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Geneva hoping Sunday talks will head off teacher strike

Genevschools are session.  |  Steve Lord ~ Sun-Times Media

Geneva schools are in session. | Steve Lord ~ Sun-Times Media

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Spreading word of strike

If Geneva teachers do call a strike, the School District intends to contact students’ families through e-mails, the 304Connects system and by posting the information on its website, www.geneva304.org.

Updated: December 12, 2012 6:31AM



GENEVA – While a last-minute negotiating session on Sunday could head off a planned teachers strike, students and parents in the Geneva School District are bracing for the worst.

“I hate feeling this helpless,” one parent said. “I don’t want my children’s education to be interrupted by a strike, but I have no control over the situation. It’s up to the School Board and the teachers.”

Teachers announced Friday that they would be out of class and manning the picket lines on Monday morning. The announcement came after a 10-hour negotiating session went into late Thursday night.

Parents and students alike are trying to figure out whether to plan for a few days off school or for an extended strike that could cut into winter sports seasons and compromise students’ performance on standardized tests.

“I’m taking European history AP, and the AP test date isn’t going to change because we have a strike,” said Geneva High School sophomore Tyler Rasmussen. “It’s going to make a tight study schedule even tighter. If the strike lasts a week or longer, we may have to form a study group to prepare for the test by ourselves.”

“I wish the teachers would have given us some advance warning so we could be prepared to study on our own,” said sophomore AP student Gabriella May.

Parents of athletes are worried that their children could get cheated out of participating in their sports.

“I’m frustrated,” said Mark Ruscitti, whose freshman daughter and fourth-grade son just moved from Geneva’s St. Peter Catholic School to Geneva pubic schools this year.

“I’m frustrated that the teachers would start the school year and then strike rather than striking in August. I’m frustrated because the girls basketball team can’t practice during a strike, so they’ll be behind when the season starts because all the other teams in the conference will have been practicing. If the strike goes on long enough, my daughter’s team might not be able to play at all.”

While school buildings will stay open and non-union staff will supervise students in age-appropriate activities during a strike, students and parents say it won’t provide a valuable educational experience.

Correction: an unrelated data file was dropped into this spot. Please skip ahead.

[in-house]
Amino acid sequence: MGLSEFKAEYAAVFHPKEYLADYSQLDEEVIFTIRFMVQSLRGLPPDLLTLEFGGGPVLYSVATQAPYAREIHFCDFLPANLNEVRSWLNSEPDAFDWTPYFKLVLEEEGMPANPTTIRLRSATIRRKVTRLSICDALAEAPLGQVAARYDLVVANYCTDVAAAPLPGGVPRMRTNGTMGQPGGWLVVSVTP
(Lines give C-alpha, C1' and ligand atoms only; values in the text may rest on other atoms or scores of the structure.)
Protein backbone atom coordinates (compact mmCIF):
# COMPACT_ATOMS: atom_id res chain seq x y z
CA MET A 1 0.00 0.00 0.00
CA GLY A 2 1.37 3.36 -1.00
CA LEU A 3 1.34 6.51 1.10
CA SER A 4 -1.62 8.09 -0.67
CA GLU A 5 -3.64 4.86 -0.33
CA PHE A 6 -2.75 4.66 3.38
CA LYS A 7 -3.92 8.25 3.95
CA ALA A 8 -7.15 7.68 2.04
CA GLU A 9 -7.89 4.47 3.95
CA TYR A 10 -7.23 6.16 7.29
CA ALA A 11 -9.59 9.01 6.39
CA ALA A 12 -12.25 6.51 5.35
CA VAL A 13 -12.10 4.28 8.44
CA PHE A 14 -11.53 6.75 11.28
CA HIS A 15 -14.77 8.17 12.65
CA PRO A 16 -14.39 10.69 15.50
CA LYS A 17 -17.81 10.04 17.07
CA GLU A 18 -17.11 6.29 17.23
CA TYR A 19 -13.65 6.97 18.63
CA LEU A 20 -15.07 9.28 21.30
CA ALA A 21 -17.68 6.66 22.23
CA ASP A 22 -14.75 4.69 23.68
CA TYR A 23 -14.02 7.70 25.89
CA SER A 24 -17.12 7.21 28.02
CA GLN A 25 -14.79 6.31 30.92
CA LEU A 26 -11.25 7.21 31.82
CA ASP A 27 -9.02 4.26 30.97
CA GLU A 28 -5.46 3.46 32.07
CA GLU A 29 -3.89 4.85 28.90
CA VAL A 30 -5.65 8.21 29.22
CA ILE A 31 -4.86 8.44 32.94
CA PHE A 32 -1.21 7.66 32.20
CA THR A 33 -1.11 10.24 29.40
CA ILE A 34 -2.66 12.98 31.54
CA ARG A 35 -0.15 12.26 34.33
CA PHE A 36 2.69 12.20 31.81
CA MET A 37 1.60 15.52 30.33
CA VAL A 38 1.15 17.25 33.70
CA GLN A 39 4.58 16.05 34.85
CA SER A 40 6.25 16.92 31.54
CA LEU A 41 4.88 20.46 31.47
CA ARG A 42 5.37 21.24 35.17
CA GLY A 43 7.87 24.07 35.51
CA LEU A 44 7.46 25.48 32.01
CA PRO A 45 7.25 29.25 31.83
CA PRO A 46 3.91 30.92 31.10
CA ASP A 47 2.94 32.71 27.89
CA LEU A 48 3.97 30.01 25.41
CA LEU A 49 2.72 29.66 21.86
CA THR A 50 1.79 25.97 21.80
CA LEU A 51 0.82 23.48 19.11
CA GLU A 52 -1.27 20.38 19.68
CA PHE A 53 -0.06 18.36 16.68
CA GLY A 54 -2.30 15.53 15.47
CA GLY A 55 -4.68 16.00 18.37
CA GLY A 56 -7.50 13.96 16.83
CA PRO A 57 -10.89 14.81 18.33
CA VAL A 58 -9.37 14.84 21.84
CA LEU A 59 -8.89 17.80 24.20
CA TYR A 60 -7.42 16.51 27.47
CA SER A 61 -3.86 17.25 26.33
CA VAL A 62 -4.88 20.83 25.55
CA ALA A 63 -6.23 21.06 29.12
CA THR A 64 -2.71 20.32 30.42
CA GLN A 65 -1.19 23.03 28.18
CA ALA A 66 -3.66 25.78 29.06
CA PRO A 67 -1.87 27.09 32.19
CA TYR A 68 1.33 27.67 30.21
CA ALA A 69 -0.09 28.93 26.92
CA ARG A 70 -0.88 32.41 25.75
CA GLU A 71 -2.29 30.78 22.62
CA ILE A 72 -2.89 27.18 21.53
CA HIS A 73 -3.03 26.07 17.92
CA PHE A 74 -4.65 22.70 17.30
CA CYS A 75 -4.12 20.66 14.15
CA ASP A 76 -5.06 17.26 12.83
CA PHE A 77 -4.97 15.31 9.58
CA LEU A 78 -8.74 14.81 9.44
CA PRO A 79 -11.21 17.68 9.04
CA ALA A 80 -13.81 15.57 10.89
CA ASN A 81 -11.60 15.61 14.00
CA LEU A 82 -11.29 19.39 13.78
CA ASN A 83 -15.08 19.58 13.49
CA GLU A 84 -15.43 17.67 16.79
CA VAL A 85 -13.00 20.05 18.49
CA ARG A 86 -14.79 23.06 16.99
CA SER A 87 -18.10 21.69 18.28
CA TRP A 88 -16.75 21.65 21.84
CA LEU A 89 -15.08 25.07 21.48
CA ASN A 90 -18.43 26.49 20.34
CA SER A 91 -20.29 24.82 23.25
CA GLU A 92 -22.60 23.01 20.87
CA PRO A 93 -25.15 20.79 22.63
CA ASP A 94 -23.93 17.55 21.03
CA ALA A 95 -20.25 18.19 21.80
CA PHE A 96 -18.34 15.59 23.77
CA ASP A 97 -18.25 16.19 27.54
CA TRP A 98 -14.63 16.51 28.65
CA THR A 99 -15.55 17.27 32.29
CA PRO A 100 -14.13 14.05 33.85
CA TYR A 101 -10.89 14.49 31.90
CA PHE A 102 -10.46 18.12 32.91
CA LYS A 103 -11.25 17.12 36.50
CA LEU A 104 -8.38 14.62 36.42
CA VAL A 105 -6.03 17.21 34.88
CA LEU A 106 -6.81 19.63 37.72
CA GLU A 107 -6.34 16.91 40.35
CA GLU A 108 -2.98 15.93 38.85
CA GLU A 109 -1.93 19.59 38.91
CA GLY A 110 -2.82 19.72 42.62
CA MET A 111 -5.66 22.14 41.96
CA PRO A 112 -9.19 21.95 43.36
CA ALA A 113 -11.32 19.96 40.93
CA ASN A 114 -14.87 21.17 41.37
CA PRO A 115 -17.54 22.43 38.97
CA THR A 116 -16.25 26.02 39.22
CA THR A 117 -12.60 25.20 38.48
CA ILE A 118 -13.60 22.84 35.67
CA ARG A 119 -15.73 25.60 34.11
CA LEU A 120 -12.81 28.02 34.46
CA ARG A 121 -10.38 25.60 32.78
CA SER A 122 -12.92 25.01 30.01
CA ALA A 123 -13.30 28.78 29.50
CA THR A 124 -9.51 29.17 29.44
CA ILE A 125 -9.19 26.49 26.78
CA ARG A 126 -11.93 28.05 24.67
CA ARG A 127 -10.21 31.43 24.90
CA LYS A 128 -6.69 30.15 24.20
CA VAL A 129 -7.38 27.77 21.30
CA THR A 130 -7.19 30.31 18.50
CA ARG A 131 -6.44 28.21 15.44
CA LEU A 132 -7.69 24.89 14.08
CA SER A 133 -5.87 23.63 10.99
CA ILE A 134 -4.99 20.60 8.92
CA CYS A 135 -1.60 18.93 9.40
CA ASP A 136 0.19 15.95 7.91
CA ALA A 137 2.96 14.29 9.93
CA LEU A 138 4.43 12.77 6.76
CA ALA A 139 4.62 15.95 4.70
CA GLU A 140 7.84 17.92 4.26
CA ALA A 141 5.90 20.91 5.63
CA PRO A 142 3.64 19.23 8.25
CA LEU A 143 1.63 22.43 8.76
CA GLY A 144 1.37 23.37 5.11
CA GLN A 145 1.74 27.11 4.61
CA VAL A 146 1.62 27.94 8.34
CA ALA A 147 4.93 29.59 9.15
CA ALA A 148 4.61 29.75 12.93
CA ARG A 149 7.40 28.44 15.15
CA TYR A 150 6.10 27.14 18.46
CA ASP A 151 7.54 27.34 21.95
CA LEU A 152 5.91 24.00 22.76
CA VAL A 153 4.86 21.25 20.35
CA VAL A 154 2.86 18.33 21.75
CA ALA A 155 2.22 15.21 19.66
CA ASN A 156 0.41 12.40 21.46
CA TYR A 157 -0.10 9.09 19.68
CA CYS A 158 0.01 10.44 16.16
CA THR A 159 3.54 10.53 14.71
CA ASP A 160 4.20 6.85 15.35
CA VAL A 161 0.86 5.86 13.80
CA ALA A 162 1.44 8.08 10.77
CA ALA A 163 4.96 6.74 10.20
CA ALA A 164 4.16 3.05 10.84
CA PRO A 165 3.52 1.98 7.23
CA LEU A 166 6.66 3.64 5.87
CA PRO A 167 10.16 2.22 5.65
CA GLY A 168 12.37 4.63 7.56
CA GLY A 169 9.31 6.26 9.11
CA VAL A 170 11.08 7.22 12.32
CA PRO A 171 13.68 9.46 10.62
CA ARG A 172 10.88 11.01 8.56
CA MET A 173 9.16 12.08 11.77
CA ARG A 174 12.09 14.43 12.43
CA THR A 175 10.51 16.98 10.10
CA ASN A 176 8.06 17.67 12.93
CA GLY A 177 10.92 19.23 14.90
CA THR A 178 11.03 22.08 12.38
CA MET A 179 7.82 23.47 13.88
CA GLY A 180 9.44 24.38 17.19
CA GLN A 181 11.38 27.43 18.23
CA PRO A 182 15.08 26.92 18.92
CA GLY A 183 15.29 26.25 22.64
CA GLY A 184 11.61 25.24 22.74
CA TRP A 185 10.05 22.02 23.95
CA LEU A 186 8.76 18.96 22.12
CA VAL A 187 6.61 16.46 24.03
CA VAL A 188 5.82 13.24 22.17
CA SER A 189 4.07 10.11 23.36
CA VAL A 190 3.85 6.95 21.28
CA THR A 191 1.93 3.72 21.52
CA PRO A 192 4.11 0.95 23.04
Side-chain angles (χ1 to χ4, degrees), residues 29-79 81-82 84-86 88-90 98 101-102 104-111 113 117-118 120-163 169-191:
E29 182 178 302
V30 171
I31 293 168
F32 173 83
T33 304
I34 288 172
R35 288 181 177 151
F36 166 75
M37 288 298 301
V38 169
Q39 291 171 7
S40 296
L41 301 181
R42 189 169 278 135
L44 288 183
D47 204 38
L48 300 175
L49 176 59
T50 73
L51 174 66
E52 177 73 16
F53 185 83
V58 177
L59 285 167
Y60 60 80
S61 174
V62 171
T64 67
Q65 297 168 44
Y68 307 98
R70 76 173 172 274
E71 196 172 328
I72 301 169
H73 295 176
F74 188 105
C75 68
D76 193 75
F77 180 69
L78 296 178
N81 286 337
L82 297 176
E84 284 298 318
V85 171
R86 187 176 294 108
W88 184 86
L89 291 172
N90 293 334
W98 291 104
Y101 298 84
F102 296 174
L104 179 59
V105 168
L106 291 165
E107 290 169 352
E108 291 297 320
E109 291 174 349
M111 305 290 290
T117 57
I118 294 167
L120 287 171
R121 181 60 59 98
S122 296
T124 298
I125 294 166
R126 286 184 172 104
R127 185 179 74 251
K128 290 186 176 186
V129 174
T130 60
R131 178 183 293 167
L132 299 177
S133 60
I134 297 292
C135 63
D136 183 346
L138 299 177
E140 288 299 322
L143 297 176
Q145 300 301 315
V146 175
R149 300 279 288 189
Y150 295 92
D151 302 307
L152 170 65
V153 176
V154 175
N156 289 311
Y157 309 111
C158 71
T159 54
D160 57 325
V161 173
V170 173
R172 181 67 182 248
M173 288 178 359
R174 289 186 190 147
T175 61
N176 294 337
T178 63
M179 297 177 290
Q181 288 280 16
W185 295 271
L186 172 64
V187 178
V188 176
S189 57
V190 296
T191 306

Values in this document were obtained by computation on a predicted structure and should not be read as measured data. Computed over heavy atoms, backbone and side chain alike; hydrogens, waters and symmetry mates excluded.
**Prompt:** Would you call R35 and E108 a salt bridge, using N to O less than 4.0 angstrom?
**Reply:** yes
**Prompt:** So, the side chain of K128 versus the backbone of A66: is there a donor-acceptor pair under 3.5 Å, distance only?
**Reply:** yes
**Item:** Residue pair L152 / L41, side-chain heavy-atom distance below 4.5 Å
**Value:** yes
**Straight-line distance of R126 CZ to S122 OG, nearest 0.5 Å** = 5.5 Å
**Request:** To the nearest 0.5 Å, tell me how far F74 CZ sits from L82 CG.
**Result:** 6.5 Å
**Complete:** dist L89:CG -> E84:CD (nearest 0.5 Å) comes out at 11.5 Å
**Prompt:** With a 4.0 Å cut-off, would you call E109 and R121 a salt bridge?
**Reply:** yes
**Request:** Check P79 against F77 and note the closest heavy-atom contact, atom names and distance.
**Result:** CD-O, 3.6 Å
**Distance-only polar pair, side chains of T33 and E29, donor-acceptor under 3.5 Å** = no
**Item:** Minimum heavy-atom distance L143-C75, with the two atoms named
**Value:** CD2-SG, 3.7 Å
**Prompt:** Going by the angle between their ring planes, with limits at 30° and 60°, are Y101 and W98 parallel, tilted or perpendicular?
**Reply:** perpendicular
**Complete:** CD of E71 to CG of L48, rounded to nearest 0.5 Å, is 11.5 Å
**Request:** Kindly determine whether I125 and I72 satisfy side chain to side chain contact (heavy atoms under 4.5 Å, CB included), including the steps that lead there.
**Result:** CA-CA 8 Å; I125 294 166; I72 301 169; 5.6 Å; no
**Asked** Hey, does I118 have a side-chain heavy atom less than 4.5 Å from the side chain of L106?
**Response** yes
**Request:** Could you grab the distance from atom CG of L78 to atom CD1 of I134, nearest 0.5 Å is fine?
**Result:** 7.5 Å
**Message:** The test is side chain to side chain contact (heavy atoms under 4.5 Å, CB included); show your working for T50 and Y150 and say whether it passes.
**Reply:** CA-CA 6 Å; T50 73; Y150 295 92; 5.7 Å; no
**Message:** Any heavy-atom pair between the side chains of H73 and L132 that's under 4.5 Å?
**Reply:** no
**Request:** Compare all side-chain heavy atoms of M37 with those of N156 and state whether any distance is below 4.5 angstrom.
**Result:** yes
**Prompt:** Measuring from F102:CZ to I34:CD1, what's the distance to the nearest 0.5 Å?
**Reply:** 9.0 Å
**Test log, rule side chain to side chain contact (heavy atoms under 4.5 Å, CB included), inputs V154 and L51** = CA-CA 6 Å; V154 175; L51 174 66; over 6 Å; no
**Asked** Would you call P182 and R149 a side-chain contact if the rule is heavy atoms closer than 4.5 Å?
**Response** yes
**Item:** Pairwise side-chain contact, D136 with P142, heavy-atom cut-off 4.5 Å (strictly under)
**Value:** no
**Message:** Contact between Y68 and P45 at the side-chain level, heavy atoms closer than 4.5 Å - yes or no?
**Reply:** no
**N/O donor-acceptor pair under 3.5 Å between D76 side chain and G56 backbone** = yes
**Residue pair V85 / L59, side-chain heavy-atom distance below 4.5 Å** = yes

Denise Reich, who takes care of her two nieces and nephew before and after school, said she’d rather keep them home if a strike happens. “It really doesn’t seem worth it to bring them here without the teachers being here,” she said. “It’s up to their parents, of course, but I’d feel better doing educational things with them at home.”

“I don’t think a lot of high school students will bother going to school during the strike,” said sophomore Josh Morgan. “I did get a hunk of homework that’s due Wednesday, and we have tests scheduled that are going to get pushed back, so I’d rather stay home and study for them.”

Several students also said Friday that not all teachers seem to support the strike.

“A lot of my teachers don’t like the idea,” said freshman Lizzie Ruscitti. “One teacher told our class that the whole concept of a strike would be bad for the whole community.”

“My teacher said she didn’t know if she was going on strike, but then we got an e-mail saying that all the teachers were striking,” reported Williamsburg Elementary School third-grader Ava Herrington. “She was sad and didn’t want to say much about it. I don’t really want my teacher to go on strike because I’m afraid she won’t come back.”

The School Board and Geneva Education Association representatives scheduled a negotiation session for Sunday, after the teachers announced their plans to strike on Monday.

The board’s current contract offer includes a salary freeze for most teachers this school year, except for 36 teachers who expect to earn lane advances for coursework that district officials had already approved and 57 teachers who have filed their intent to retire within three years.

The GEA has agreed to the pay freeze, said GEA President Carol Young.

Next school year teachers would get a 1.95 percent step increase and would be allowed to earn one lane advancement at an unspecified percentage increase. In 2014-15, teachers would get a 2.75 percent step increase and could earn one lane advancement. The offer also stipulates that both sides would form a joint committee to discuss changing teachers’ pay structure.

The board’s offer also includes a 6 percent raise this year and a 3 percent raise next year for retiring teachers as part of the process of eliminating the early retirement option, which would expire in 2015.



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